As the clock ticks down to the dawn of a new year, thoughts inevitably turn to the future and what 2017 might hold.
But, for former Hibs skipper Ian Murray, that’s already been done and next Wednesday he’ll be boarding a plane destined for Norway as he takes his post as right-hand man to former Easter Road team-mate Kevin Nicol, now boss of Second Division side Asker FC.
It signals the end of a year out of football for Murray – other than scouting duties for English Premiership outfit Middlesbrough – after he quit St Mirren following just six months in charge of the newly-relegated Paisley club.
If you’d asked him this time last year where his career might have taken him, the 35-year-old readily admits Norway probably wouldn’t have figured highly in his thoughts.
However, the former Rangers, Norwich and Scotland player is excited at the prospect of working with Nicol, seen as one of the up-and-coming young coaches in Norway having, in his first season, guided Asker to the Third Division title with an astonishing record of 26 games played, 24 wins, two draws and 151 goals scored.
Although news of his move was only recently announced, Murray revealed he and Nicol had been talking for a few months, the former team-mates in Scotland’s Under-16 squad having been reunited as they studied for their UEFA Pro Licence, the highest coaching certification available.
The pair met frequently throughout the course, Nicol underlining his commitment by flying back to Scotland at his own expense to do so. Murray said: “Kev and I had always known each other but not to any great level although I was probably the face he knew when he came to Hibs from Raith Rovers all those years ago.
“You lose contact with people but we ended up on the same Pro Licence course. When you are doing that you spend a lot of time with others seeing how they work and also spend a lot of time socialising and talking about different things although the discussion inevitably always turned to football.
“It just blossomed from there and perhaps Kev felt we were on the same page. It was something of a surprise when he asked me to become his assistant. If you’d asked me could I have seen myself going to Norway I would have said ‘no’, but things change very quickly in football. I’ve always wanted to work abroad but I was not sure if or when it might happen.”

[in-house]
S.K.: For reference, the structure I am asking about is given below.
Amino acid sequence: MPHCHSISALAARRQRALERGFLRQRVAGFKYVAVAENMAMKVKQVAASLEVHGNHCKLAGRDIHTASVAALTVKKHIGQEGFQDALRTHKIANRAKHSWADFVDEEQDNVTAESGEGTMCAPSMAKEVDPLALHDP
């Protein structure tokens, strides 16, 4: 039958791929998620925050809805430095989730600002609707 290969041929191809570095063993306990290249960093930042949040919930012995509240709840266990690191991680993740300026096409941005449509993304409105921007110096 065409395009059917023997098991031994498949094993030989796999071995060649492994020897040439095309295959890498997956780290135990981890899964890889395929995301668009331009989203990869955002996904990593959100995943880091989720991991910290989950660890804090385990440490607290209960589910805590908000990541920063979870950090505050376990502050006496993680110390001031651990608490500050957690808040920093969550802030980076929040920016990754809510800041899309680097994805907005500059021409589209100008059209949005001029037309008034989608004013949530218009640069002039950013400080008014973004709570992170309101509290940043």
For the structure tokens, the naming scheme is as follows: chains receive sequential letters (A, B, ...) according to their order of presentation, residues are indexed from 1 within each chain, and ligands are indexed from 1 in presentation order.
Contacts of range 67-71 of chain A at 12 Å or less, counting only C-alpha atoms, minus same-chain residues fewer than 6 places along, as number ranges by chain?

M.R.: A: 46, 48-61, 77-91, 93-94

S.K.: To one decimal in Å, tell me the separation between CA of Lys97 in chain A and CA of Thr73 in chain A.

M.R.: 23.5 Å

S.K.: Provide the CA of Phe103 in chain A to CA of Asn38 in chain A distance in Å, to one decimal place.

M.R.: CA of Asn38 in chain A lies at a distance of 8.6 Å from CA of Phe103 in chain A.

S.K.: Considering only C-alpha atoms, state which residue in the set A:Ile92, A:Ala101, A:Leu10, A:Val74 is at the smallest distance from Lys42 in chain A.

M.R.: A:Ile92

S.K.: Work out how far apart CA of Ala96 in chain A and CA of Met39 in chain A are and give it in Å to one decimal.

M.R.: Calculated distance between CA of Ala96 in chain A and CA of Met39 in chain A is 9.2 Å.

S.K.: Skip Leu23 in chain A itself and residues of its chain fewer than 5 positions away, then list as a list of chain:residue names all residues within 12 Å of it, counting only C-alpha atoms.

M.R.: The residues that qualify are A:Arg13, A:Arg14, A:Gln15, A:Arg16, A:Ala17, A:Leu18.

Nicol, it seems, didn’t need to do much persuading, Murray also impressed by what he saw and heard during a four-day visit to Asker, a suburb of the Norwegian capital Oslo, during which he met with their sporting director and other board members before agreeing a one-year deal.
Murray, who began his managerial career with an impressive spell in charge of part-time Dumbarton before his ill-fated switch to St Mirren, gives the impression he’s not only excited but reinvigorated by the prospect even if he’ll be arriving in the middle of a Norwegian winter which will shroud the country in snow until March.
He said: “I think there is more scope for improvement over there. I don’t see much chance for progression here, I don’t think it is easy for players or managers. Do well at a Championship club and you go to another Championship club or a lower-end Premiership side. You can have success but a bad run of results and you are dropped like bomb. Everyone is under pressure to do well.
“At the moment, I think Norway will be a good environment for me. I’m going somewhere with a guy who is doing really well. He has a real drive and desire about him to keep improving, which is great.